sliced rich cinnamon swirl pumpkin brioche bread

Rich cinnamon swirl pumpkin brioche bread

Soft pillowy pumpkin brioche filled with cinnamon brown sugar, made with canned pumpkin puree and just perfect for Fall.
Prep Time: 40 minutes
Cook Time: 40 minutes
Rest time: 1 hour 30 minutes
Total: 2 hours 50 minutes
Servings: 1 loaf



For the dough

  • 1/4 cup (60 ml) milk
  • 2 teaspoons active dry yeast
  • 1 tablespoon (15 ml) sunflower oil (or other neutral oil)
  • 1/2 cup (125 g) pumpkin puree (I use canned )
  • 3 tablespoons (45 g) granulated sugar
  • 2 eggs (at room temperature)
  • 2 3/4 cups (370 g) all-purpose flour
  • 1 teaspoon sea salt
  • 4 tablespoons (55 g) unsalted butter (cubed and chilled)

For the filling

  • 5 tablespoons (70 g) unsalted butter (melted )
  • 1/2 cup (110 g) light brown sugar
  • 2 teaspoons cinnamon


Make the dough

  • Heat milk in the microwave or on the stove just until it’s warm (and not hot) to the touch. Stir in yeast and allow it to dissolve and lightly bubble while you do the rest.
  • Combine oil, pumpkin puree, sugar and eggs in the bowl of your stand mixer. Whisk until smooth.
  • Stir in milk, just until combined. Add all of the flour and sprinkle it with salt, then mix on medium-low speed, using a dough hook attachment. It’ll look like you have too much flour at first, but keep mixing for about 5 minutes and it’ll all come together.
  • As the dough starts to pull from the sides, add cold butter. Then keep kneading on low speed until all the butter is incorporated, about 5 minutes. The dough will be smooth and slightly tacky.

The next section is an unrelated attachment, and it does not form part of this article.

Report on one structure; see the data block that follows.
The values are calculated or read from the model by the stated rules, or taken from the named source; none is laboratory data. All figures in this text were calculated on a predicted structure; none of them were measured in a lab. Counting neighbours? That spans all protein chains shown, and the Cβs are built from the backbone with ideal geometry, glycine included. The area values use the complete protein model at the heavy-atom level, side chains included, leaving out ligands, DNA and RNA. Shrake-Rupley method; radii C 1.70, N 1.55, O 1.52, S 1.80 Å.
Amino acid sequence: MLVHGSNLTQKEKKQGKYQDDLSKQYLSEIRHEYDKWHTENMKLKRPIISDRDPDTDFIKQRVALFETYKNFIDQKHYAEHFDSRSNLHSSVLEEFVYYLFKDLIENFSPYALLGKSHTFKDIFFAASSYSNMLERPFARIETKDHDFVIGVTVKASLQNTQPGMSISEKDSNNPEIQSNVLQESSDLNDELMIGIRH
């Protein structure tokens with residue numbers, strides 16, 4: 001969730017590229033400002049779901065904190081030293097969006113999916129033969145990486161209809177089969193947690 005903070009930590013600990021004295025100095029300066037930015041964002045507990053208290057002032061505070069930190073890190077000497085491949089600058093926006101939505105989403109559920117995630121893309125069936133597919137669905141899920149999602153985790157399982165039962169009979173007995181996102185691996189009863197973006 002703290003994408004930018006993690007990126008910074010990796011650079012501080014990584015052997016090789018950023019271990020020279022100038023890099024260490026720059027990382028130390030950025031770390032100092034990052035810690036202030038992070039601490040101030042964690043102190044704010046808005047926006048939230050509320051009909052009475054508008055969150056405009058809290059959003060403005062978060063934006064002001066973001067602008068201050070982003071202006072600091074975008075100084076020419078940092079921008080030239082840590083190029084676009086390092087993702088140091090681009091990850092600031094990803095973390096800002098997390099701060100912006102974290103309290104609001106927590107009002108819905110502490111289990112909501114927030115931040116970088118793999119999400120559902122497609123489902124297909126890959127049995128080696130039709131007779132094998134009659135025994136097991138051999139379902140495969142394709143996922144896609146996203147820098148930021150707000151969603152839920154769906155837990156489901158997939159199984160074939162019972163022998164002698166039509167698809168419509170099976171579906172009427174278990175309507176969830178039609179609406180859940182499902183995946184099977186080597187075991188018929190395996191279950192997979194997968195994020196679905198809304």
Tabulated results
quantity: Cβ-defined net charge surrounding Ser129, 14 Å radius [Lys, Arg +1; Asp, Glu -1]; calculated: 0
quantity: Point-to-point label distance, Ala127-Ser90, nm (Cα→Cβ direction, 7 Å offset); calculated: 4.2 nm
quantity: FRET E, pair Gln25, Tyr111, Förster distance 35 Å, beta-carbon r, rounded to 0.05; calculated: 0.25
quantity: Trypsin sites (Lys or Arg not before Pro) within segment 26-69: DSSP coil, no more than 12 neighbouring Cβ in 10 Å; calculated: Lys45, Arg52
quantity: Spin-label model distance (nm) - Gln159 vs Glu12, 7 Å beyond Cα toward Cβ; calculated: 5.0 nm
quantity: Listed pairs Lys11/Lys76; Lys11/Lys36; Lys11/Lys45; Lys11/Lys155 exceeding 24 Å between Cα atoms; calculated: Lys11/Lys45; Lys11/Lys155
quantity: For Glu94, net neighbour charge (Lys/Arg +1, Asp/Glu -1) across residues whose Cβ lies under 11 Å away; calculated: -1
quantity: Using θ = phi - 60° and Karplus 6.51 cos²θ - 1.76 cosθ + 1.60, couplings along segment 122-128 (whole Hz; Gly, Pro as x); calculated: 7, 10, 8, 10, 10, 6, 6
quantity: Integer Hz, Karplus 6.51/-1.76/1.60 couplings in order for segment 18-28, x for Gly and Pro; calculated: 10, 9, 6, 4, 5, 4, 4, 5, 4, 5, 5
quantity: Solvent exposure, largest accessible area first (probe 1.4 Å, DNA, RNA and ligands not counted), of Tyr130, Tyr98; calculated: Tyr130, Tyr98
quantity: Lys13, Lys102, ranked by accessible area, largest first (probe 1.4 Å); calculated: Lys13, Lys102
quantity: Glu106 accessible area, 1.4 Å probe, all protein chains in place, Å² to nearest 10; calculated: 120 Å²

• Scrape the dough onto a lightly floured surface and fold it into a ball. Transfer it to a large bowl that you previously brushed with oil. Allow it to rest at room temperature for 30 minutes, then cover the bowl with plastic wrap and transfer it to the refrigerator to proof overnight.

Shape the bread

  • First prepare the pan. Melt 5 tablespoons of butter for the filling and use some of that to butter your loaf pan. Line the bottom and longer sides with parchment paper, leaving some overhang, for easier lift-off when the bread is baked. Brush the parchment with butter too. Set aside.
  • Take your dough out of the refrigerator, lightly flour your work surface and roll out the dough into a rectangle, about twice the length of your loaf pan and about 1/4 inch (6 mm) thick.
  • Brush the dough with melted butter, leaving a 1 inch (2.5 cm) border at the top longer side of your rectangle.
  • Mix brown sugar with cinnamon, then sprinkle it all over the dough and pat it down. Tightly roll the dough into a log, making sure that the seam is on the bottom. If it’s sticking to your counter, lift and roll it with a dough scraper.
  • Slice the log in two crosswise, so that you get two smaller logs. Put the logs into your prepared pan – place them side by side or one over the other to form an X shape. Both bake the same, the latter just gives you more cinnamon layers in the middle.
  • Pat down the logs slightly, so the dough fills up the pan on all sides. Let it rise at room temperature until doubled (this will take up to an hour, depending on how cold the dough and kitchen are).


  • Preheat the oven to 350°F (175°C) as the dough rises. Brush the loaf with extra melted butter before baking. Bake in the center of the oven for 40 minutes or until the top is deep brown and the bread sounds hollow as you tap it.
  • Remove the bread from the oven and allow it to cool inside the pan for 20-30 minutes. Then pull it out and allow it to cool completely before eating.


This dough is really soft and moist (thanks to all the pumpkin puree). Letting it proof slowly in the refrigerator makes it a lot easier to work with. If you can’t wait overnight, let it chill for at least 4 hours, until it’s really cold and stiff.
A dough scraper is invaluable in this recipe, it helps you lift the dough as you roll it, if it sticks to the counter.
This bread is very soft and pillowy, so let it cool completely before you cut into it or you risk squishing it. It’ll stay perfect for days.
Keep the pumpkin brioche at room temperature, covered with plastic wrap or some foil. Eat within 4 days or freeze for up to 2 months. 
Course: Bread
Cuisine: American
Author: Alice